Welcome to the Junk Rig Association (JRA)

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This is the public Home page. Members should log in top right. This should take you to the Members Area - also accessible using this link, or from the menu, left. 

For help , first try HELP, then email the Webmaster 

Members' photo gallery - hover mouse over image to pause slideshow

Formed in 1979 at the Southampton Boat Show by a group of junk rig enthusiasts, the JRA (Junk Rig Association) is for its members and about their boats and their rigs. We aim to: promote the use of the junk rig by encouraging members to organise 'rallies' and 'junkets' (see About Us) and via our tri-annual Magazine and this site; encourage the development of junk and related rigs, the building or conversion of boats to the junk rig, and the use of vessels with the rig or its derivatives; create an international community of people who've already 'junked' their boat, are thinking of doing so, or are just interested in learning what it's all about.  

About the Junk Rig

The 3D model below and video give a little information about how the junk rig works, and about what many consider to be its greatest advantage - the ability to reef quickly and efficiently without, in most instances, leaving the safety of the cockpit or purchasing the expensive kit that bermudan rig boats use to achieve the same result.  Further models, a glossary of Junk Rig terms and a larger version of the video can be found under Junk Information - About the Junk Rig.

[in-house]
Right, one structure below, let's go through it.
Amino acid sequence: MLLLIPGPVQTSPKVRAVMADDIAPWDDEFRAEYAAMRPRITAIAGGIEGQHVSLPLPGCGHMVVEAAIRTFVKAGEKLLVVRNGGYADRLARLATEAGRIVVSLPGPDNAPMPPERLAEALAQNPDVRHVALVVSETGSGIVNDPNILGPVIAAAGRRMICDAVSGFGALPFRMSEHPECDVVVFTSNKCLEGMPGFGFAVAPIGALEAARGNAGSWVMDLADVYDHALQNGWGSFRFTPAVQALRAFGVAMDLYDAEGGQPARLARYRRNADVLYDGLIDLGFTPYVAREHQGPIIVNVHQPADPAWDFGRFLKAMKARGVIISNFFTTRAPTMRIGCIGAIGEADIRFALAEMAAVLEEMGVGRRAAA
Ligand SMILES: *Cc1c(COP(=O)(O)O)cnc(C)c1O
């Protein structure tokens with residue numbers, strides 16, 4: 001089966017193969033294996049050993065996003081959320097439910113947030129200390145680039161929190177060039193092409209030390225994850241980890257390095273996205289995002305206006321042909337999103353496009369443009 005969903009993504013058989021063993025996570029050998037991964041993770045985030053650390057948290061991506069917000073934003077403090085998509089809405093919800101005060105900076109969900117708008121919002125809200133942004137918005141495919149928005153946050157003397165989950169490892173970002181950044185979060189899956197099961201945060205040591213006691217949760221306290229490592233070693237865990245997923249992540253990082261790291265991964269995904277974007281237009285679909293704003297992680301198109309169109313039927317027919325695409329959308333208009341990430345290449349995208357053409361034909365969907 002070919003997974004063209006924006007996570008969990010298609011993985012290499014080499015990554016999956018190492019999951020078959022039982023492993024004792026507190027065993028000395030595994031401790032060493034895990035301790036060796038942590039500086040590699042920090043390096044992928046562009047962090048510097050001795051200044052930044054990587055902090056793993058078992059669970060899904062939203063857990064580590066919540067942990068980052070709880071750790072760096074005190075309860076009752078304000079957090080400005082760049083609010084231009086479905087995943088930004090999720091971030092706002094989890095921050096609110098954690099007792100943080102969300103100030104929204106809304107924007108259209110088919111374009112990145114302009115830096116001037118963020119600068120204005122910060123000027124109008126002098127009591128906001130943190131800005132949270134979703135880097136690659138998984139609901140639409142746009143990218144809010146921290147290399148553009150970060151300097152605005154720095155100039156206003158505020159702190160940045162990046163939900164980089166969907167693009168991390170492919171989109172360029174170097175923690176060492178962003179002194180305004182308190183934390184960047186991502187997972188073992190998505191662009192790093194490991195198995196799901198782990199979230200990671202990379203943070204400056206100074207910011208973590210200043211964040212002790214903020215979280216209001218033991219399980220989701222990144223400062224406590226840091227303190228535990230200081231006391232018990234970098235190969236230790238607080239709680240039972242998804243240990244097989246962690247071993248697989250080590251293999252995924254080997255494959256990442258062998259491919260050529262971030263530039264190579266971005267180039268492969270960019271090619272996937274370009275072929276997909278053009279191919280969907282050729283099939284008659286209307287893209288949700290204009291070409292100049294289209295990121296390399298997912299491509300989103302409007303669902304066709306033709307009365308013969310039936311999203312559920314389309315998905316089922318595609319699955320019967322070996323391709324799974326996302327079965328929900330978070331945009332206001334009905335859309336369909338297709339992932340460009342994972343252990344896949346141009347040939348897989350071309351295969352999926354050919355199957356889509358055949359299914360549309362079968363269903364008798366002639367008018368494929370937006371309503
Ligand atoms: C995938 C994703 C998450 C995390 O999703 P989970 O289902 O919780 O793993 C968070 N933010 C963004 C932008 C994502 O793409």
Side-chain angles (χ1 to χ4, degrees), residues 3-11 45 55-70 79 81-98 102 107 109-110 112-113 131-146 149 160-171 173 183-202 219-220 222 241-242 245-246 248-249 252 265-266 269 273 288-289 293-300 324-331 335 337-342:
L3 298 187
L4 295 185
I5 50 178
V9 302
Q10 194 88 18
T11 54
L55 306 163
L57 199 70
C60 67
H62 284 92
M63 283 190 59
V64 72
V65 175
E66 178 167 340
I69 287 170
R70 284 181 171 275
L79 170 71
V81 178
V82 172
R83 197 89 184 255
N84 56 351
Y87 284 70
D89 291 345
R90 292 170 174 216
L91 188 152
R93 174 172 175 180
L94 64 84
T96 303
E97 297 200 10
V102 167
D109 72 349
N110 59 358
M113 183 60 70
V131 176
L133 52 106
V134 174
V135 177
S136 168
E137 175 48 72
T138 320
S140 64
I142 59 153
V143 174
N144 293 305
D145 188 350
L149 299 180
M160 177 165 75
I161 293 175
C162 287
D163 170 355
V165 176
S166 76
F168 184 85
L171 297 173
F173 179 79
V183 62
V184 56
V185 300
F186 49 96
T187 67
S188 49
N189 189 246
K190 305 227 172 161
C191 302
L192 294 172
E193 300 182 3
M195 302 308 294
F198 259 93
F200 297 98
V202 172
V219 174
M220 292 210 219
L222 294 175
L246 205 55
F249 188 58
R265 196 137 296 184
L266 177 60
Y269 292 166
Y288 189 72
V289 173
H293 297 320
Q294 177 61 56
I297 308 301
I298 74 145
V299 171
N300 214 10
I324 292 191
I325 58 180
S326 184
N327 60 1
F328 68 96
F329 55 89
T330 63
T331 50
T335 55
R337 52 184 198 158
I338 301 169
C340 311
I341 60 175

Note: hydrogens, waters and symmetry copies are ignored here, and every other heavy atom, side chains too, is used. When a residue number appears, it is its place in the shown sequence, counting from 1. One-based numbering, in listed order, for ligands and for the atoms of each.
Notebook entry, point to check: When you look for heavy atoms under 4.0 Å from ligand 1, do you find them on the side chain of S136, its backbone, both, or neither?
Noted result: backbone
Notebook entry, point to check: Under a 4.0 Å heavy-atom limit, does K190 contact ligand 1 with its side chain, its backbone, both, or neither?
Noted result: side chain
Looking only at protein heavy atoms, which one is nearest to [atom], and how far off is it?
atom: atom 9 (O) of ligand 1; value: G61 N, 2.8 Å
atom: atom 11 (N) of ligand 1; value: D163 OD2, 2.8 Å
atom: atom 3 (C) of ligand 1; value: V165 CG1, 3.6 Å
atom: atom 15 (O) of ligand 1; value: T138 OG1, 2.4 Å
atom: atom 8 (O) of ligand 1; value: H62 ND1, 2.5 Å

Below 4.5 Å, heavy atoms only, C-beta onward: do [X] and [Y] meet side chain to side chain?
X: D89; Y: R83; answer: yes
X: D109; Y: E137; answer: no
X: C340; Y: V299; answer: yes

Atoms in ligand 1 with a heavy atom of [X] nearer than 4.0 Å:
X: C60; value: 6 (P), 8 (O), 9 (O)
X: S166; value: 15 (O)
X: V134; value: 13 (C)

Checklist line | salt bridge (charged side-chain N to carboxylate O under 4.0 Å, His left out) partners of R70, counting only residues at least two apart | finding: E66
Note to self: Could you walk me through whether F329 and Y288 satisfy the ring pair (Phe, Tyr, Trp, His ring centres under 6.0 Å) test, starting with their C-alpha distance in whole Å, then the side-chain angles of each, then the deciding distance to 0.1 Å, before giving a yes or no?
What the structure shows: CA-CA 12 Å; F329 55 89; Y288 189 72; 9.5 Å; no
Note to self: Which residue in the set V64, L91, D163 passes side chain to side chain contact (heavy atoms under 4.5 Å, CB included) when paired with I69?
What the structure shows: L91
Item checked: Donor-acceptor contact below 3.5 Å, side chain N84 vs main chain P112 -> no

Where are we based?

We were formed in the UK, and although our 'office' address and banking remains in the UK we are run by an increasingly international Committee via the Internet. A number of posts become vacant every year, at the AGM, so if you choose to join you could also put your name forward to help run the 'club'. It doesn't run itself. Our membership is now more than 50% outside the UK. Click the chart for detail.


Featured Boat

April 2021 "5" (Corribee 21 Mk.2) by Mark Bexon


After a 4-year gap from any regular sailing my 2019 New Year Resolution was acquire a suitable boat and sail around as much of our islands coastline as my skill and courage would allow.

By April I was on the point of purchasing a Swallow BayCruiser 20 when I was persuaded that “you must have a keel” for this project.  

Thankfully when I explained this the seller graciously agreed and suggested I look at a Corribee 21.



He had once owned one and could recommend them for offshore work and pointed out that I may be able to find one for around 10% of the price of the Swallow.  

Further light research and I was convinced the Corribee was the right boat and further YouTube exposure to MingMing convinced me a Junk Rig was the right format for my solo-sailing aspiration.

Through the Corribee website I located “5” under cover in deep middle Germany.  

The owner had also been attracted to Roger Taylor’s design and had modified her accordingly with a pilot’s hatch, 800 Litres of bagged polystyrene sealed into the lazaret and the forepeak and equipping her with a Windpilot, all set for single handed adventure done with Teutonic build quality.

He sailed her to Madiera in 2017/8.

“5” was built around 1983/4 by Newbridge Boats as a junk rigged, bilge keeler. 



All was in very tidy condition apart from the antifouling which was showing at least 3 different colours and some slight sign of osmosis.  

A very thorough bead blasting, fresh Copper-coating and re-stepping the tapered aluminium mast was completed by Peter Leonard Marine of Newhaven.

“5” is home berthed at Brighton Marina.

Sadly due to the virus I have been unable to sail her since mid-December and have only logged about 30 hours under sail since she was launched in August.